Scotiabank has a team of more than 89,000 employees, a market cap of C$78.7 billion, assets of C$895 billion and 1.2 billion common shares outstanding. Scotiabank and its affiliates offer a broad range of advice, products and services, including personal and commercial banking, wealth management and private banking, corporate and investment banking, and capital markets.

The bank focuses on five overarching priorities:

  1. Customer experience
  2. Leadership
  3. Low cost by design
  4. Digital transformation
  5. Business mix

Investment Thesis

Scotiabank is a leading, globally diversified financial services provider and Canada's "most international bank." International banking accounted for 27% of the bank's annual earnings in fiscal 2015, versus 50% from Canadian banking and 23% from its Capital Markets unit. The lender has more than 23 million customers in over 55 countries around the world. In addition to North America, it has a meaningful and growing presence in Latin America, the Caribbean, Central America, and parts of Asia.

The populations in all of its geographies outside North America are growing at a healthy rate and there remains a large "unbanked" population in each region, providing good opportunity for Scotiabank to grow. Scotiabank is well positioned to continue to grow organically and has the balance sheet strength to selectively pursue accretive acquisitions.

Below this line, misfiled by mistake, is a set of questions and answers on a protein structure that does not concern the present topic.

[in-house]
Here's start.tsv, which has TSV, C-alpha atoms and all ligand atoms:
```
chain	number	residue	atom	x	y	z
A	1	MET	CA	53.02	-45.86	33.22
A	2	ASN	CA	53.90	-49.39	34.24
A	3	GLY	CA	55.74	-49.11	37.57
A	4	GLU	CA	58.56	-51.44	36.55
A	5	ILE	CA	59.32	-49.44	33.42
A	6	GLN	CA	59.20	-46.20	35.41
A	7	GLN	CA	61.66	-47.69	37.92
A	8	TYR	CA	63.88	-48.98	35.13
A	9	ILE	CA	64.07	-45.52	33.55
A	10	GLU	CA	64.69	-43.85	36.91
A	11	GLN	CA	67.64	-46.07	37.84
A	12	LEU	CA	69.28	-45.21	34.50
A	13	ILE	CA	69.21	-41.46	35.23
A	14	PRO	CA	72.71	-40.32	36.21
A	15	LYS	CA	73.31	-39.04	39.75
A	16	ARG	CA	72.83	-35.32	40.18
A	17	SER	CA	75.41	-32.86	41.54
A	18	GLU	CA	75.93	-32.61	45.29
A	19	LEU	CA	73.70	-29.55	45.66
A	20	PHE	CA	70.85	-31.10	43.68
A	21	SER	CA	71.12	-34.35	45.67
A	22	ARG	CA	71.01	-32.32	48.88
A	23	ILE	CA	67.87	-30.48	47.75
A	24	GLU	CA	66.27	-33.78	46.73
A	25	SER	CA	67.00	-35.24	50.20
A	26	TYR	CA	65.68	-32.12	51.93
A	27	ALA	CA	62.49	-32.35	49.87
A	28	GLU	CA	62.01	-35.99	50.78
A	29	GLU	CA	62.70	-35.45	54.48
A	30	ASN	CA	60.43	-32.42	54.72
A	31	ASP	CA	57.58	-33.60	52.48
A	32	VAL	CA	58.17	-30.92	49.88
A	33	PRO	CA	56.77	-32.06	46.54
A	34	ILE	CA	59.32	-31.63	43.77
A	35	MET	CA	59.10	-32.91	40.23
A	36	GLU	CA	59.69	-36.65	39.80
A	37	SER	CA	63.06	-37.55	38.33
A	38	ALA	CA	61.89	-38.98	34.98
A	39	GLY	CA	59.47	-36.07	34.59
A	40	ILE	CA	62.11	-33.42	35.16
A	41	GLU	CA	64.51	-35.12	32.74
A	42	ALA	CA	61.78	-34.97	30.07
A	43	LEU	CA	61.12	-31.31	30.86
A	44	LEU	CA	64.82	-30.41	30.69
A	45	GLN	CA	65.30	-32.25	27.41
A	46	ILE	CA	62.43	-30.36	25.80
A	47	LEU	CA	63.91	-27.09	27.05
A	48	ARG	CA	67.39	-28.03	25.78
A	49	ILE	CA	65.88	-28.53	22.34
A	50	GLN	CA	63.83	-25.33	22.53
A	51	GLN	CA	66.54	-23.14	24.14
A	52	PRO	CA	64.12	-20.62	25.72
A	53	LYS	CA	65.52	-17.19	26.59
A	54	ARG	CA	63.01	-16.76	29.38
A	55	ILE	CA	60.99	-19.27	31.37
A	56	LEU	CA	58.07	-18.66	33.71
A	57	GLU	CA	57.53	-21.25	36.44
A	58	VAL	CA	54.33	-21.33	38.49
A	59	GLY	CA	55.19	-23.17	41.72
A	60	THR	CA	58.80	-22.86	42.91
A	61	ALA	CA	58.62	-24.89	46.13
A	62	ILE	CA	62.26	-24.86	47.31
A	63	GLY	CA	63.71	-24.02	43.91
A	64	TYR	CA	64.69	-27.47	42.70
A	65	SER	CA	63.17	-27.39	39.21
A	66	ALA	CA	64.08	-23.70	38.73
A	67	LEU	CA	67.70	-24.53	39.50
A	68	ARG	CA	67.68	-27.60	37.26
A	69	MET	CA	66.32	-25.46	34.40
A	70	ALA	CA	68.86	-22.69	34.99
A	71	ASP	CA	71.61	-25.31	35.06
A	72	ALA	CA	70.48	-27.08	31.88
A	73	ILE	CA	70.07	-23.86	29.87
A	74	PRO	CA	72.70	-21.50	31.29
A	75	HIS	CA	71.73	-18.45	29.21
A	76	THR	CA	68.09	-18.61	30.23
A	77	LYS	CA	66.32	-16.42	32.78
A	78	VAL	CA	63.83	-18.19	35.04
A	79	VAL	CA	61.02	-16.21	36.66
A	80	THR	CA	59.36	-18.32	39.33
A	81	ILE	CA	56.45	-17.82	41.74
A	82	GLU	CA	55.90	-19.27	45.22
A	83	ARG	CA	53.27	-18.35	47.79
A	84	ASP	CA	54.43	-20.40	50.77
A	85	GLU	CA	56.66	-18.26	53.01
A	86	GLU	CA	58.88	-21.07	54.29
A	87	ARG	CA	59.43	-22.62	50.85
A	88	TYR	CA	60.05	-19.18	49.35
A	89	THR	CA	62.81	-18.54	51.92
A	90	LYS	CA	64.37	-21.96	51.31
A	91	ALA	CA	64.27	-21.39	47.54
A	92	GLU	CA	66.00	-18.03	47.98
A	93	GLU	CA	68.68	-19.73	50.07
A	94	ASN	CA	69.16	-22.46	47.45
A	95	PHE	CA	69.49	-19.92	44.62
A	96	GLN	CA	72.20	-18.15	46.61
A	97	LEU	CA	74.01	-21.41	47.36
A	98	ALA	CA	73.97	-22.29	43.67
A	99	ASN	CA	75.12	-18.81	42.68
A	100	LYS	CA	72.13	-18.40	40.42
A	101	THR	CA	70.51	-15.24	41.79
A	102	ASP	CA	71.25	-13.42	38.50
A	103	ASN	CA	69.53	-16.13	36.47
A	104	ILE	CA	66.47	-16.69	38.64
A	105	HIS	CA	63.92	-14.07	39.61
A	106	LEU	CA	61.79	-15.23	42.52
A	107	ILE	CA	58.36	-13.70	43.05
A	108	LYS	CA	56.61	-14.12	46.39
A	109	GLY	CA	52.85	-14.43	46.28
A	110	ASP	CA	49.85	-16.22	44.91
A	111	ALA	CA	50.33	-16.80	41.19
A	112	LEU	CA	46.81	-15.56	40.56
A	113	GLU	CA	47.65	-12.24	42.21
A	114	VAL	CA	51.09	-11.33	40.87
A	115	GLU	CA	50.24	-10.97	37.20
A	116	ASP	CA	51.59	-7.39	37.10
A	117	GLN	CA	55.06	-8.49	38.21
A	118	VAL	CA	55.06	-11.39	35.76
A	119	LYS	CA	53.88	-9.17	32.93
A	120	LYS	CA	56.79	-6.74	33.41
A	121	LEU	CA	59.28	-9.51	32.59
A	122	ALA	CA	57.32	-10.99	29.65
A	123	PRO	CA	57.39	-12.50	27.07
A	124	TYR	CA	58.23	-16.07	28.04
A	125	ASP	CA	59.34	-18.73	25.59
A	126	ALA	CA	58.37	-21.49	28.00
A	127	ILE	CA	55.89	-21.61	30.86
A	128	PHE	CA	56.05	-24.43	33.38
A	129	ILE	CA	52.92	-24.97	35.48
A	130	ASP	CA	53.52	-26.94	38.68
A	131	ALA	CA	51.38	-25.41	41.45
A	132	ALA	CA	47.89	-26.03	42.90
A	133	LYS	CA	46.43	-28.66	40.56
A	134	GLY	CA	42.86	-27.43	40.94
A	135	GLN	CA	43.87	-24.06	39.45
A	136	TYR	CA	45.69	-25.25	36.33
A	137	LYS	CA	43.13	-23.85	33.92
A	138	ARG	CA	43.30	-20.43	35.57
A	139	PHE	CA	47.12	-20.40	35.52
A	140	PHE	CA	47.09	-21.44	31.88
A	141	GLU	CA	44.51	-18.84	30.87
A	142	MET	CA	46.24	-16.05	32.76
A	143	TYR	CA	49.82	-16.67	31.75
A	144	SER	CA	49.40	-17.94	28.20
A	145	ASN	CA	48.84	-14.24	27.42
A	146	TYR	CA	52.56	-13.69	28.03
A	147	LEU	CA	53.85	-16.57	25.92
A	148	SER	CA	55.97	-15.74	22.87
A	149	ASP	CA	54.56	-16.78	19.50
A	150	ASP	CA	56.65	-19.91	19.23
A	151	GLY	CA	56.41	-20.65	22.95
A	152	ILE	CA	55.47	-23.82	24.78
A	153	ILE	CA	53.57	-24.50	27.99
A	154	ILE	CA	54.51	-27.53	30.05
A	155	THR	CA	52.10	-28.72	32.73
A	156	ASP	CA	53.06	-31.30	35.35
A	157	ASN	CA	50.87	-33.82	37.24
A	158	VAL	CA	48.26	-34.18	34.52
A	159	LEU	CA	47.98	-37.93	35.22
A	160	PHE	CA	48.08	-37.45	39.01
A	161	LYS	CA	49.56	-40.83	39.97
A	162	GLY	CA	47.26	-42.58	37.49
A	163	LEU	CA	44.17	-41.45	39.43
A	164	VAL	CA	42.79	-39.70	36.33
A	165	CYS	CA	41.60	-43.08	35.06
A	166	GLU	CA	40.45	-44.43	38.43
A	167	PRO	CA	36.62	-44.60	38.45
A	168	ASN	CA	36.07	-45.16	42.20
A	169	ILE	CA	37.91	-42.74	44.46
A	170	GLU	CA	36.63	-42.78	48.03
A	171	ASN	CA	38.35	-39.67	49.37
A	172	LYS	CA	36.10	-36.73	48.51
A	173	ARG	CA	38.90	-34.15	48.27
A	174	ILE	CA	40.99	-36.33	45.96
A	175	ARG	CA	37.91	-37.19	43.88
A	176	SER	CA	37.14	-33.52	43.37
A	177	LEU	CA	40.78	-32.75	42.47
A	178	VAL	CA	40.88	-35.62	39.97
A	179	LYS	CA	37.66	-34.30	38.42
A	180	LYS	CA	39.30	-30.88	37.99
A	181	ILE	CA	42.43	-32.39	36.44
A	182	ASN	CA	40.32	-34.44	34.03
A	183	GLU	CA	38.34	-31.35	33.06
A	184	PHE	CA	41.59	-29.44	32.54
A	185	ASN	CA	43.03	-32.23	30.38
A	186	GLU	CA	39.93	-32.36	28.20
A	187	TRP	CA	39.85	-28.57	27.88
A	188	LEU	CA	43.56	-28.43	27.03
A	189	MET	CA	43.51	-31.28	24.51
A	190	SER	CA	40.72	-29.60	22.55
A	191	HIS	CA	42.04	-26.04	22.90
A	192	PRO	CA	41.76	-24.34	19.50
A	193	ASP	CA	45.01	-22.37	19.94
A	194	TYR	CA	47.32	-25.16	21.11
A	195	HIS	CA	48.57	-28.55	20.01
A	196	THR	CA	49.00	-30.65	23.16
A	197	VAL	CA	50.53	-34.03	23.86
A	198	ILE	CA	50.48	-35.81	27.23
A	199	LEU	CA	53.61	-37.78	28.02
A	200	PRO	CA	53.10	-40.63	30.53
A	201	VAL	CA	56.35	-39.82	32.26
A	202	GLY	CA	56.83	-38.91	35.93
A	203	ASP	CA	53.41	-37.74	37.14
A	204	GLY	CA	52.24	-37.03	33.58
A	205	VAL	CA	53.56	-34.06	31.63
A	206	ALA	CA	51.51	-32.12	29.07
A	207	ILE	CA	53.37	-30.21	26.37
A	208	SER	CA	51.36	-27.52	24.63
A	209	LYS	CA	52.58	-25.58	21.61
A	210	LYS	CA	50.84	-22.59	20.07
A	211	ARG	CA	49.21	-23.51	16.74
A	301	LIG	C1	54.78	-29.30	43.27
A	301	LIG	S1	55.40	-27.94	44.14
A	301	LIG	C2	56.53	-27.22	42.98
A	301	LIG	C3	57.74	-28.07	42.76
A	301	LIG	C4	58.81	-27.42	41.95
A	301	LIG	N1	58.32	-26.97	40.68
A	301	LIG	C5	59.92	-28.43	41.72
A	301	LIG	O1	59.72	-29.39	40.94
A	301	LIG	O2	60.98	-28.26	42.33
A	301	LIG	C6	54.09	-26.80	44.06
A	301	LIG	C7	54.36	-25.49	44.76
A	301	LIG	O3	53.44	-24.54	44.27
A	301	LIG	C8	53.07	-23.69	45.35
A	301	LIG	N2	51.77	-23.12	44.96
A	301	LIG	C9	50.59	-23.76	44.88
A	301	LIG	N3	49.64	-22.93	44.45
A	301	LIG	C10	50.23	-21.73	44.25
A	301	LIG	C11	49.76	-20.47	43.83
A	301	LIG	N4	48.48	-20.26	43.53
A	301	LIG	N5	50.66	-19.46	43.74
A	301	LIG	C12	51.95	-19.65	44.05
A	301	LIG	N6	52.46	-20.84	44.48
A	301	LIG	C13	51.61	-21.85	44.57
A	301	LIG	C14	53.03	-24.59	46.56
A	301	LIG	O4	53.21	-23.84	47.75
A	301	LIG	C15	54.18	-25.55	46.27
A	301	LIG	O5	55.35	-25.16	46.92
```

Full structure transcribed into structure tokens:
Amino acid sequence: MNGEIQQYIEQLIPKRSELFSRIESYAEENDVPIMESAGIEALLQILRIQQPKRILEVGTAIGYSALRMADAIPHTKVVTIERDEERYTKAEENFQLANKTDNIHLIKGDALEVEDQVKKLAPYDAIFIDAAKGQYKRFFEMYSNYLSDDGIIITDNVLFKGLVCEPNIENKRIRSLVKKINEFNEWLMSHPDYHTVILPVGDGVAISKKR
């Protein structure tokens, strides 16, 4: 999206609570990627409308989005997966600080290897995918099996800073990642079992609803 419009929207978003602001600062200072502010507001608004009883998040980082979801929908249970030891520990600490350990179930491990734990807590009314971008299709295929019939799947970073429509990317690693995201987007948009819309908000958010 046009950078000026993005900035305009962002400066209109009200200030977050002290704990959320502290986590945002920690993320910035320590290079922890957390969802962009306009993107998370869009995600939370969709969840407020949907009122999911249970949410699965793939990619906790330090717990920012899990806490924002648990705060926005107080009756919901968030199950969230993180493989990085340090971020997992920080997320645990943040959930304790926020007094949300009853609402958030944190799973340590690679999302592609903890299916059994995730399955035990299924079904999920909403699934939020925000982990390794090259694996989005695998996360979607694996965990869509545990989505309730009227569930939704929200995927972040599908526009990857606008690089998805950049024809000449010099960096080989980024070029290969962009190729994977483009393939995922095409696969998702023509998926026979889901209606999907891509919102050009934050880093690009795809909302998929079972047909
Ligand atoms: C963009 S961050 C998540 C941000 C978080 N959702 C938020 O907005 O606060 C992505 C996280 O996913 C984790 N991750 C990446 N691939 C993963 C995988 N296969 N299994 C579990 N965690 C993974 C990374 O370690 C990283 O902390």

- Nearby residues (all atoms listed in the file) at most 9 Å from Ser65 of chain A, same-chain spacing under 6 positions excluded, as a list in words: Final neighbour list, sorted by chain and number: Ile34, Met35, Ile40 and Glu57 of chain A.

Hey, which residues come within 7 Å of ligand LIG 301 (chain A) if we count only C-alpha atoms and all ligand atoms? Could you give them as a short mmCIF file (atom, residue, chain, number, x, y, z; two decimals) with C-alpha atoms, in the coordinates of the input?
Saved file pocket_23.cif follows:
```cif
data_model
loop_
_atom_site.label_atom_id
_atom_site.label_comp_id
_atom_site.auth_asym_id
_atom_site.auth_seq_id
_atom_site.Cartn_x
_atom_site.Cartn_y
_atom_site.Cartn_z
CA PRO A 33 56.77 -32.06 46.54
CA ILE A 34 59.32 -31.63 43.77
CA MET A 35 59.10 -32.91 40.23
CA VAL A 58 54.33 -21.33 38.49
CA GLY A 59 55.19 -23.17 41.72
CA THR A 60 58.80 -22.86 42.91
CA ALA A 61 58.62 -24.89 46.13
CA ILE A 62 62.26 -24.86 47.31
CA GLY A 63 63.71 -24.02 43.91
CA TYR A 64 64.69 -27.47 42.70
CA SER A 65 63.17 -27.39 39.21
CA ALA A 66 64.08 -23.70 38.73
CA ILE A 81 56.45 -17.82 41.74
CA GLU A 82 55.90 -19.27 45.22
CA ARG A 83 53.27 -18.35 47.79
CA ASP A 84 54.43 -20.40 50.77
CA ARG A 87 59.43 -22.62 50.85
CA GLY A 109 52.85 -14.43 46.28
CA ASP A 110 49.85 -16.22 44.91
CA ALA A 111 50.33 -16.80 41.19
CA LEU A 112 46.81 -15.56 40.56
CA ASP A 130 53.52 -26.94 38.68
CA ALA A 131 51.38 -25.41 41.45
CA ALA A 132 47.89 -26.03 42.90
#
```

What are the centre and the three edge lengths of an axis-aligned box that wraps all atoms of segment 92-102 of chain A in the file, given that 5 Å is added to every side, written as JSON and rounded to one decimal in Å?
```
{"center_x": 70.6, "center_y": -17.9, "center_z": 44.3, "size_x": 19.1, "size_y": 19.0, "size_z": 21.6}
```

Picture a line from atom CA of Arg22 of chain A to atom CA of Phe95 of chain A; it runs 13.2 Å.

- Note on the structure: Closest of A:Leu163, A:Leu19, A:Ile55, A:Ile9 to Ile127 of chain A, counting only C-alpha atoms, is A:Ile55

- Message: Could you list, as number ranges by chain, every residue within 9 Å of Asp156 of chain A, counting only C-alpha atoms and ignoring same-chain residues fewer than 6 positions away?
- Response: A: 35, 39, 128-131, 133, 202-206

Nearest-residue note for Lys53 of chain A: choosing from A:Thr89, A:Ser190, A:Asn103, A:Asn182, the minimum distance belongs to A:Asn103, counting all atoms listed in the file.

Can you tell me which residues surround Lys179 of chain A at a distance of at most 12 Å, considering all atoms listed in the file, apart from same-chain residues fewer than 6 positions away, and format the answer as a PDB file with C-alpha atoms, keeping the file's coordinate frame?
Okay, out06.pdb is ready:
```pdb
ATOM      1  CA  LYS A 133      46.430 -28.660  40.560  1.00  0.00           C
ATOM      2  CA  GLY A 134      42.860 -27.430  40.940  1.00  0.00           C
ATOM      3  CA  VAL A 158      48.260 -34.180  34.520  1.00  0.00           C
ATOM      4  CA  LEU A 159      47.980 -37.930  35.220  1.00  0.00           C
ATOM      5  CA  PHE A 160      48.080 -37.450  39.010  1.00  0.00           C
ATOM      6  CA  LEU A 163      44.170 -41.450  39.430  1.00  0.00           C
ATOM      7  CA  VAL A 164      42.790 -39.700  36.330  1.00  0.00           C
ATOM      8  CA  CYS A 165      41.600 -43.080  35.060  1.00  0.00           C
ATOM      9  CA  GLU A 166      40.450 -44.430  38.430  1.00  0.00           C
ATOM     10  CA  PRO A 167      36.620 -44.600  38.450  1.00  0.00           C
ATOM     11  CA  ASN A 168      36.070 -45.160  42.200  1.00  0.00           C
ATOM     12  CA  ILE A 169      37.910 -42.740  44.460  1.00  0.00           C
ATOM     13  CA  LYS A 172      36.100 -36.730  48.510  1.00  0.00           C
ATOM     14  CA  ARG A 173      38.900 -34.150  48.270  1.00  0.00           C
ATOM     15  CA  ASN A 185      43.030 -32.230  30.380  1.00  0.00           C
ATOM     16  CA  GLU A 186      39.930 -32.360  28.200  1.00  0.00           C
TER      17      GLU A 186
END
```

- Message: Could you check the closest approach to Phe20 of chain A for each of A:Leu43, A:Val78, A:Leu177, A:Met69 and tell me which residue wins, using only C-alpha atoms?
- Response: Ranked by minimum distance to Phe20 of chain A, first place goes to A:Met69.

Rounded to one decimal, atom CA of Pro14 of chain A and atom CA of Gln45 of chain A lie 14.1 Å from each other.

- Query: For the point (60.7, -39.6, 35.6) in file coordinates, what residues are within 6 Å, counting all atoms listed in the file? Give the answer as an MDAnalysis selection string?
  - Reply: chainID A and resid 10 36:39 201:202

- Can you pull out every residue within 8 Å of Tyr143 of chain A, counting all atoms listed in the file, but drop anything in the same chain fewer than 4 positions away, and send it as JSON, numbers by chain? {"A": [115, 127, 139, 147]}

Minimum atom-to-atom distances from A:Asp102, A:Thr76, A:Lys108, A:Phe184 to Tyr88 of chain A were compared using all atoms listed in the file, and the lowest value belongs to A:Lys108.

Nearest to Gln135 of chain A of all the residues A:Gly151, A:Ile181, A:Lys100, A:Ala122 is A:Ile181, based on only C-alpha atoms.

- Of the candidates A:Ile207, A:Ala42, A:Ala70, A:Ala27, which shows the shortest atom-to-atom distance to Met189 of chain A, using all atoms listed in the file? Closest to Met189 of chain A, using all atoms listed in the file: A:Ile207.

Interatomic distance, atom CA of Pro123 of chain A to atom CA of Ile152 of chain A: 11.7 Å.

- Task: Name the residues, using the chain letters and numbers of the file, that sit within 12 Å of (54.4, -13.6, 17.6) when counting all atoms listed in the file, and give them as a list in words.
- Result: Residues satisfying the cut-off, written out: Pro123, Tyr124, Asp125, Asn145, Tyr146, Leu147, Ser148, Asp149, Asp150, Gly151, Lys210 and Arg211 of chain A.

In Latin America, Scotiabank is focusing on four key countries with the best growth opportunities - Mexico, Chile, Columbia and Peru - the so-called "Pacific Alliance nations." It is targeting to increase earnings in these countries by as much as 15% within three years by growing its customer base, leveraging new banking technologies and reducing costs.

Scotiabank CEO Brian Porter is positioning the bank to act on the anticipated bank consolidation in Mexico, its largest Latin American operations, as well as acquisition opportunities in Peru, Colombia and Chile. In its fiscal second quarter, ended April 30, 2016, Scotiabank completed acquisitions in Panama and Costa Rica, further strengthening its existing operations in these countries. I anticipate additional acquisition announcements across this region over the next 12 months.

I do not believe the current valuation for Scotiabank captures the growth prospects for its International banking business. I believe the bank's relative valuation will improve as the International segment improves its earnings power over time.

Applying a P/E multiple of 11.5 to analysts' consensus FY2017 EPS estimates yields a 12-month target price of C$72, which represents 10% upside to Friday's closing price of C$65.47 on the TSX. Adding the current yield of 4.4% delivers a total return of 14.4%. The target multiple is at the high-end of its peers, given Scotiabank's significant exposure to higher growth international markets. This business can deliver better earnings power once the bank has digested its international acquisitions and completed the restructuring. I believe average earnings growth of 8% to 10% is achievable for its International segment over the next two years.

Upside to this base-case...